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"By investing in gender inclusion, businesses can generate opportunities for women while also furthering their business objectives. In recognition of the opportunities outlined above, the Shell Foundation and Value for Women embark on a partnership in 2016 designed to pilot a holistic framework for gender inclusion in enterprise operations, using a "bottom-up", business-first approach, aimed at testing the impact of gender inclusion on business performance. The approach first hones in on business challenges, and then designs practical, measurable solutions with a gender lens."

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"This paper is aimed to support DCED member projects to integrate gender considerations more fully into private sector development (PSD) measurement systems. It takes a first step at bridging the knowledge gap by: 1. Reviewing definitions of women’s economic empowerment, 2. Identifying current measures for women’s economic empowerment in WED, and 3. Offering practical ways forward for measuring household level change in women’s economic empowerment."

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"This tool has been developed for businesses to allow them to directly enter data, in order to assess their business operations from a gender perspective at three levels: human capital, productivity management, and market. The tool will walk businesses through a three-step process to collect data about where women are within agribusiness operations, provide a report analyzing the data showing gender gaps in women and men participation as employees and suppliers, as well as highlighting the policies, practices and systems that should be in place for a business to support gender inclusion. Finally, the report will provide recommendations on action steps businesses can take towards increasing women's inclusion across core business areas."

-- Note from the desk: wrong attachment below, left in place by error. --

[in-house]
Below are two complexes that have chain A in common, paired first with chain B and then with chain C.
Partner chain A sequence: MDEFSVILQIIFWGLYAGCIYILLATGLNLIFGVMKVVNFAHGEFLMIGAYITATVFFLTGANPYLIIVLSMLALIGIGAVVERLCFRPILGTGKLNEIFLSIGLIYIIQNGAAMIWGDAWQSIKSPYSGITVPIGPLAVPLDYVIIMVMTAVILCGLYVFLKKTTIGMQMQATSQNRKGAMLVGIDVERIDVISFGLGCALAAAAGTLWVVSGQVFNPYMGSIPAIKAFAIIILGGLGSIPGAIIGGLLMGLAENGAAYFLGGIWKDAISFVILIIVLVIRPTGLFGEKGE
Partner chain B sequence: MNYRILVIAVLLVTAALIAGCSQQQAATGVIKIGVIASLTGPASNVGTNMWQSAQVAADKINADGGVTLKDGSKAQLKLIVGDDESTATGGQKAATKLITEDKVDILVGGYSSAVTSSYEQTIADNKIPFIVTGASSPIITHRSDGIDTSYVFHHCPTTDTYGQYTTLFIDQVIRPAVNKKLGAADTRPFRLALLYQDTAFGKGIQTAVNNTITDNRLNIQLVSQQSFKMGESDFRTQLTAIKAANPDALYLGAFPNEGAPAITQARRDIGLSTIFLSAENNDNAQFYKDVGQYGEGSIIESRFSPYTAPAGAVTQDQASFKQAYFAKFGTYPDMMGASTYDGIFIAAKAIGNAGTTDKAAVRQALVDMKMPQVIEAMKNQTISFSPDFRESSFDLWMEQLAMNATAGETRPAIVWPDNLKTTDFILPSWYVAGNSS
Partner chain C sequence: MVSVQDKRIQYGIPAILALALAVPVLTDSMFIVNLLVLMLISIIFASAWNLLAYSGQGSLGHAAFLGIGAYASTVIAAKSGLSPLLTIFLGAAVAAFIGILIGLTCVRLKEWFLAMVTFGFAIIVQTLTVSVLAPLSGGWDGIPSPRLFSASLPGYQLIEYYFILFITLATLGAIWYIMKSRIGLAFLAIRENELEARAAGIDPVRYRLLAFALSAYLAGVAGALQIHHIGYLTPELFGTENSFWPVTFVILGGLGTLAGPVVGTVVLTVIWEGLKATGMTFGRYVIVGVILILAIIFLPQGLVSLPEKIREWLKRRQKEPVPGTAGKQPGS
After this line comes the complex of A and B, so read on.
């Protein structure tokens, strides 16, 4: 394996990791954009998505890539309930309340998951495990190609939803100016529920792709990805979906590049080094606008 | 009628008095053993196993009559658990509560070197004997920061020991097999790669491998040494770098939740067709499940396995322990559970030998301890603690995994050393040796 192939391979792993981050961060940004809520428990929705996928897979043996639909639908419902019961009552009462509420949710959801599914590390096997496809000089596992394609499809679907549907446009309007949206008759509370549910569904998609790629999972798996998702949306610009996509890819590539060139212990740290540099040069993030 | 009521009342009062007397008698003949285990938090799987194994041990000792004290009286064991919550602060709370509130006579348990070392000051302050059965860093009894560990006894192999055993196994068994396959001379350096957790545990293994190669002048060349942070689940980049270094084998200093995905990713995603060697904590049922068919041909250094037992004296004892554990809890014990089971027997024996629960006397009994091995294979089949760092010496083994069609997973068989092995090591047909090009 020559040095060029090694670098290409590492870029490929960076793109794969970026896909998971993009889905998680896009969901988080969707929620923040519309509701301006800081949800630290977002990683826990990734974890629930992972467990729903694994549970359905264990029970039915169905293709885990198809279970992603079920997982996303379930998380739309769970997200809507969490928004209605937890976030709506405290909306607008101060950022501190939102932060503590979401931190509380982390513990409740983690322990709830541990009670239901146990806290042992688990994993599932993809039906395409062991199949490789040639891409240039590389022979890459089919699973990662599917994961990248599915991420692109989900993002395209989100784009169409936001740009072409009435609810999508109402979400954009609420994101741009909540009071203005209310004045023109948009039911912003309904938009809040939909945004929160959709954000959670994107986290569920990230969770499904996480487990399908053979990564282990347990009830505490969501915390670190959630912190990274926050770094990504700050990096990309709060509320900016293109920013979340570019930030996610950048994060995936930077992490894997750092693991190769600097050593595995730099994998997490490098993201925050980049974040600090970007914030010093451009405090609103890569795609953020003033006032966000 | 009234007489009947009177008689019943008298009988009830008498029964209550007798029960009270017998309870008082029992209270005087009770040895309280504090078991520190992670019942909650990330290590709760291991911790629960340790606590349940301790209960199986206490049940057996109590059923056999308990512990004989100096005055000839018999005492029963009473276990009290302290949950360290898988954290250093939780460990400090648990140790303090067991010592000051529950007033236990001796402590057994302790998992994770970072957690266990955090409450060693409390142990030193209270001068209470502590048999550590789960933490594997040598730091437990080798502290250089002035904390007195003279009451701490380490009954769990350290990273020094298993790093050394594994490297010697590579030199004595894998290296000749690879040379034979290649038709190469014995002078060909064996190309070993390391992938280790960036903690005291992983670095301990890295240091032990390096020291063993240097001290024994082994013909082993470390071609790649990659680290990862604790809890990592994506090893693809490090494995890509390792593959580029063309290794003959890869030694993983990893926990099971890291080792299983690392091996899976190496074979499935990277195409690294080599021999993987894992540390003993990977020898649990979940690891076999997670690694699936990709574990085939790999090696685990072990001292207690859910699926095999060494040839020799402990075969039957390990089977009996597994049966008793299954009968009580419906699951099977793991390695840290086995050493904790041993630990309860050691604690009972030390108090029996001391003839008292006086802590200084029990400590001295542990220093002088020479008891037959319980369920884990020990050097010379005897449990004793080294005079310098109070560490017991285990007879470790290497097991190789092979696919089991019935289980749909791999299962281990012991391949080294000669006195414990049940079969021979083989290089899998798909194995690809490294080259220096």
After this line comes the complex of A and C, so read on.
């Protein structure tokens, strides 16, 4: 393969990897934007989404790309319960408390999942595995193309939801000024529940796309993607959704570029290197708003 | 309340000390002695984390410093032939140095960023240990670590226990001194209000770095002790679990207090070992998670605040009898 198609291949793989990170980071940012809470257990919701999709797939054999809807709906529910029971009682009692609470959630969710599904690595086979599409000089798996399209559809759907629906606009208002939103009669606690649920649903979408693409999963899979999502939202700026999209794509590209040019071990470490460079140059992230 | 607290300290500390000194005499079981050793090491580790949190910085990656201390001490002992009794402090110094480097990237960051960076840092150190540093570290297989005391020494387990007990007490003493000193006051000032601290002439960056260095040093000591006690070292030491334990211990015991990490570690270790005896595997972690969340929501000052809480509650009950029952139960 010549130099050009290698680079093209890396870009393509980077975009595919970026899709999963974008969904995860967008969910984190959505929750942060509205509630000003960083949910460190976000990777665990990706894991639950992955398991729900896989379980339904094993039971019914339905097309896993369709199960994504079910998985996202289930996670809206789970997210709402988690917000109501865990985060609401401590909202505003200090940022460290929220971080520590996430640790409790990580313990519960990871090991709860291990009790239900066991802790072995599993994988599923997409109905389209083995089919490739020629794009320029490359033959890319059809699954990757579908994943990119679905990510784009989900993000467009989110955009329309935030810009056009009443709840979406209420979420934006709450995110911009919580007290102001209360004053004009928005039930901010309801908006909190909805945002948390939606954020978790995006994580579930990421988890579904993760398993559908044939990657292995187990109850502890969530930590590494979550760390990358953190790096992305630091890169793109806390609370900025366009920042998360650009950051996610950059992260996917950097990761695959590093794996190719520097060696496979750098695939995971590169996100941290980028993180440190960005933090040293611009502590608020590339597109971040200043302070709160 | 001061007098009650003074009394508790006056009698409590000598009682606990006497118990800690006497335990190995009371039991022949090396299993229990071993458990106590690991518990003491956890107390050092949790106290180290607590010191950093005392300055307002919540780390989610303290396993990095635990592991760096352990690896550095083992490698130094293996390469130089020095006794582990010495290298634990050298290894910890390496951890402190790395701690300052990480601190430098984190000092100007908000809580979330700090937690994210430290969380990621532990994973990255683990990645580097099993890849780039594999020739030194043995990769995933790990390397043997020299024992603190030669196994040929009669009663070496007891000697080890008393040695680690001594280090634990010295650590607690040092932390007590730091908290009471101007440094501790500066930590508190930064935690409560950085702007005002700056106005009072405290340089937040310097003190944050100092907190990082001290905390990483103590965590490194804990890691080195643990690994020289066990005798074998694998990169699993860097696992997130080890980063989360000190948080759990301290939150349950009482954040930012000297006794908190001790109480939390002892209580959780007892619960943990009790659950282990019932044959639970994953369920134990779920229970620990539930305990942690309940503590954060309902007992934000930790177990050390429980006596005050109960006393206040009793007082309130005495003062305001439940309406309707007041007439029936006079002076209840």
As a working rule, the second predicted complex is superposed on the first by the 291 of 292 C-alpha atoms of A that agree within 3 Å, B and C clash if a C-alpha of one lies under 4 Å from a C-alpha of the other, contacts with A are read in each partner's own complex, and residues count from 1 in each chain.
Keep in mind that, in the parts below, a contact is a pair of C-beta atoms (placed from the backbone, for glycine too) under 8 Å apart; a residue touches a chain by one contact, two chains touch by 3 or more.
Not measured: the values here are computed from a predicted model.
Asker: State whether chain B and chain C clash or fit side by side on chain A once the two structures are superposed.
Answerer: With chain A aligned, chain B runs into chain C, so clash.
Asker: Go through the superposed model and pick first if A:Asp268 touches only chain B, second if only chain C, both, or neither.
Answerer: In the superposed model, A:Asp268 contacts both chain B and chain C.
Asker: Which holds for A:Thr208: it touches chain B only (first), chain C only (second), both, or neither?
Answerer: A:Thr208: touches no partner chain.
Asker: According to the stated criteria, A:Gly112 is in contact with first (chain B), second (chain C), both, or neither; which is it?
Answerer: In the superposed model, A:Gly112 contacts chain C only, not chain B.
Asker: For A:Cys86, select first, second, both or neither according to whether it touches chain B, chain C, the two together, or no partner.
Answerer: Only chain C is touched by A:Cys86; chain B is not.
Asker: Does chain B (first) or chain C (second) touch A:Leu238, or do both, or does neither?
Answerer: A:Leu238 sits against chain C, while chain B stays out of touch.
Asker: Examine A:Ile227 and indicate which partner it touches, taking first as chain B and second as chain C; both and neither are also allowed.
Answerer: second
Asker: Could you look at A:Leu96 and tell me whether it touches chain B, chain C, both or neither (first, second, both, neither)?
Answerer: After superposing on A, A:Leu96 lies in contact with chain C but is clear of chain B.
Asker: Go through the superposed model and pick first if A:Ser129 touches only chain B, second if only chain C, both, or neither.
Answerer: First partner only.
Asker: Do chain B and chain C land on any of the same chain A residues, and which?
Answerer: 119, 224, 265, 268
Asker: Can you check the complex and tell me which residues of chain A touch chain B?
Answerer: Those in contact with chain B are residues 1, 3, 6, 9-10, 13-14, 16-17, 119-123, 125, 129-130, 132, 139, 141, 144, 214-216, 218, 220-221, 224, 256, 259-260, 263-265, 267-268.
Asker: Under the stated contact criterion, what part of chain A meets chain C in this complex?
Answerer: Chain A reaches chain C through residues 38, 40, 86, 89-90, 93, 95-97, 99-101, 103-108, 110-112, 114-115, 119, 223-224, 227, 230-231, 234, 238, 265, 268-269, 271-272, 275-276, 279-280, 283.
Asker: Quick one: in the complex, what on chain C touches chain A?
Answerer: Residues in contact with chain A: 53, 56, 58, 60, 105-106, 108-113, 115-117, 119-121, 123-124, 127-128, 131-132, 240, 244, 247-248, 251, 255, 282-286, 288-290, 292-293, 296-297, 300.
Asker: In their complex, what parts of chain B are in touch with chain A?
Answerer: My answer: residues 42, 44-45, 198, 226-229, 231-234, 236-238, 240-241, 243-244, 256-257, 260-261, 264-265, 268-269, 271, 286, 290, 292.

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"Today India, and the world, finds itself in the unenvious position of enduring two major economic recessions in a span of 10-12 years, unprecedented in modern history. In the aftermath of COVID-19, which has hit the small enterprise sector the hardest, where a majority of women-led ventures are recorded, it has become imperative to actively find avenues to encourage sustainable growth. This report delves deep into the various factors and circumstances inhibiting the growth of women-led enterprises, and further explores how women entrepreneurship can be encouraged while also being a force of change. Through various articles mentioned in this collection, which are based on original research studies conducted in this area during the pandemic, we seek to provide a snapshot of the existing obstacles, but also the way forward in promoting women entrepreneurship, which can be a major contributor in the socio-economic recovery of India."

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"Globally, the literature on public sector experiences with GRP is limited. This report aims to contribute to the current knowledge base on how governments can better support women entrepreneurs and WLBs who seek to sell to the government. Most of the examples and case studies in this report come specifically from Chile, the Dominican Republic, and the City of Buenos Aires, which have developed GRP programs and are at different stages of implementation."

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"In collaboration with Google, this report presents four opportunities for unlocking the potential of female entrepreneurship in India: 1) Level the playing field for the high-impact, employment-creating entrepreneurs; 2) Enable ambitious “solopreneurs” and small business owners to scale and become high-impact entrepreneurs; 3) Encourage more women to start enterprises; 4) Build, strengthen and scale productive rural “agripreneurs.”